I believe that Great Vespers is Vespers done the night before a Liturgy, which is why we use it on Saturdays. Occasionally when we have weekday Liturgies such as Annunciation, we'll have Great Vespers on other days as well.
Great Vespers is actually not determined by Divine Liturgy, just the size of the feast. Great Vespers is done during each day of Bright Week because each day is Pascha all over again.
Pascha is a 3-layered feast (unlike the other great feasts, which have only two layers): the feastday/afterfeast (which all the major feasts have), the general festal period (which all the feasts have), and a 1-week intense repetition of the feast (unique to Pascha).
Speaking from my working knowledge of the Russian Vespers tradition:Daily Vespers
- No entrance of the clergy before "Gladsome Light"
- Always (iirc) only one verse for the Prokeimenon (since this is almost always the Prokeimenon of the Day [of the week])
- Augmented Litany at the end of the service, but before the Dismissal
- Clergy entrance before "Gladsome Light"
- Often, though not always, a 3-verse Prokeimenon
- Augmented Litany following the Prokeimenon (and any readings, if prescribed) and before the prayer "Vouchsafe, O Lord..."
- Litya often, though not always, preceding the Aposticha
This is a pretty good list, except that the most commonly celebrated Great Vespers (Saturday nights), at least in the Greek practice, only has a 2-verse Prokeimenon.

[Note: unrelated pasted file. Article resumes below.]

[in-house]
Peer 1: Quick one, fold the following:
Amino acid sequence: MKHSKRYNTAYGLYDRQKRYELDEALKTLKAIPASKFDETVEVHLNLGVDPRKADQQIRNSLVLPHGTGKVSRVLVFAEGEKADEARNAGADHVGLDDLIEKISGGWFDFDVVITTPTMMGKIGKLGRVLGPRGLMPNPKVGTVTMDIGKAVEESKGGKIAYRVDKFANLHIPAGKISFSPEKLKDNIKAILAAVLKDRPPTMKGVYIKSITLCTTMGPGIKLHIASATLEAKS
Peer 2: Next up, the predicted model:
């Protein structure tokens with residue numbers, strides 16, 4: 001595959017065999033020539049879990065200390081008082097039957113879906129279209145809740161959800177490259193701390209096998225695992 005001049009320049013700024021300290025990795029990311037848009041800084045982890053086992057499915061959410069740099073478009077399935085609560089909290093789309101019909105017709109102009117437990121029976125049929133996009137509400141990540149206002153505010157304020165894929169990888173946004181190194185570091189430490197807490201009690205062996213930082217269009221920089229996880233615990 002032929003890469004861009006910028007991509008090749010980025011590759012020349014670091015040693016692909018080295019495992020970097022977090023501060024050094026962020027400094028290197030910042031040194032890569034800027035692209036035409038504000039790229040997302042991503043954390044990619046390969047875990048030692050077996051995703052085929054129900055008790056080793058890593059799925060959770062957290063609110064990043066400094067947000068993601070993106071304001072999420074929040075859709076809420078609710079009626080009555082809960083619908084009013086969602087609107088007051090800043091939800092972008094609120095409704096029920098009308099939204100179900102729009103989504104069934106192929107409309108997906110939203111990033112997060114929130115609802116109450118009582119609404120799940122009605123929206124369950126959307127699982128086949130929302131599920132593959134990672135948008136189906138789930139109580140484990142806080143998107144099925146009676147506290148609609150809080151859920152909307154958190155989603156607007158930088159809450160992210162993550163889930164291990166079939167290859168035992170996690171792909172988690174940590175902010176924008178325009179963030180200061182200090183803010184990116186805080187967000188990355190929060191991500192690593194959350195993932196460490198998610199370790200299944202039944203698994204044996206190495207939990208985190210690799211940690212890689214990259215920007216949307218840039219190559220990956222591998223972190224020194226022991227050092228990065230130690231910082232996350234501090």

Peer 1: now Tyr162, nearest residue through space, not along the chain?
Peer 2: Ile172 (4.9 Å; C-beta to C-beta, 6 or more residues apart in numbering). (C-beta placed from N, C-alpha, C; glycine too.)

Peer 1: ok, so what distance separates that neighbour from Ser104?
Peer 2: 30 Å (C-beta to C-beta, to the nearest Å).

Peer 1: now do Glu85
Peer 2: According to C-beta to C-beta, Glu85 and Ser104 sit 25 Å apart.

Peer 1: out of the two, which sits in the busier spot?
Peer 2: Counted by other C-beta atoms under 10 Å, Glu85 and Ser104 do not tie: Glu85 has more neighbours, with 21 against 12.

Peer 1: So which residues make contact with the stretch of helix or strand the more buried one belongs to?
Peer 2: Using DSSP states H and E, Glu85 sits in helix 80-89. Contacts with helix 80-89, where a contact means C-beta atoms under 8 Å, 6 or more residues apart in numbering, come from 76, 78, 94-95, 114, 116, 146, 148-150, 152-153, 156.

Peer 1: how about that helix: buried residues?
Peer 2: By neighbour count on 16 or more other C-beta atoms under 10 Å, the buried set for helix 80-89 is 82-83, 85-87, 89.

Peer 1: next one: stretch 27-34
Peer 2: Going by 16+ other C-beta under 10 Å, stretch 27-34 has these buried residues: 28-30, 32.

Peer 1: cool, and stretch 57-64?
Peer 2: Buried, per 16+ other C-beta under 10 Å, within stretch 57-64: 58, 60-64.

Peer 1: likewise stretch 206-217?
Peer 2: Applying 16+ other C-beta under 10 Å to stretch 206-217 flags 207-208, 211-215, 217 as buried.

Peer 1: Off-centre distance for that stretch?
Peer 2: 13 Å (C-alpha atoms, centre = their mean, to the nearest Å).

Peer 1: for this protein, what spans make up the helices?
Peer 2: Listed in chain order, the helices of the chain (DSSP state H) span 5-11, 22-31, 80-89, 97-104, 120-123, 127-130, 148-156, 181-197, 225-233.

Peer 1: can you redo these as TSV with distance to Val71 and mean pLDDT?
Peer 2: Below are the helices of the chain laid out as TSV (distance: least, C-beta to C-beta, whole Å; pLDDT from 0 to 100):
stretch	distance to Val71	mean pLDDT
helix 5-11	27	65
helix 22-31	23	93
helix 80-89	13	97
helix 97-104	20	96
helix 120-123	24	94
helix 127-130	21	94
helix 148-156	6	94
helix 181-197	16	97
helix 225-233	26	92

All this said, 2 notes:
1. As Arimethea noted, all Bright Week services are radically altered by the constant intense celebration of Pascha. Especially in the Greek-tradition practice (Antiochian, EP, Greek, etc.), the beginnings of the services are changed, the Psalms are entirely eliminated, the endings of the services are changed, etc. - all this in addition to more minor rubrical changes (such as: deacons are not to use the deacons' doors, only the beautiful doors; in many traditions also the priest is the only one who censes during the week; etc.).
2. One last note: there is also a "Small Vespers," which is different than regular daily Vespers in one detail: it is daily vespers done before a vigil (the vigil containing a Great Vespers). Minor detail.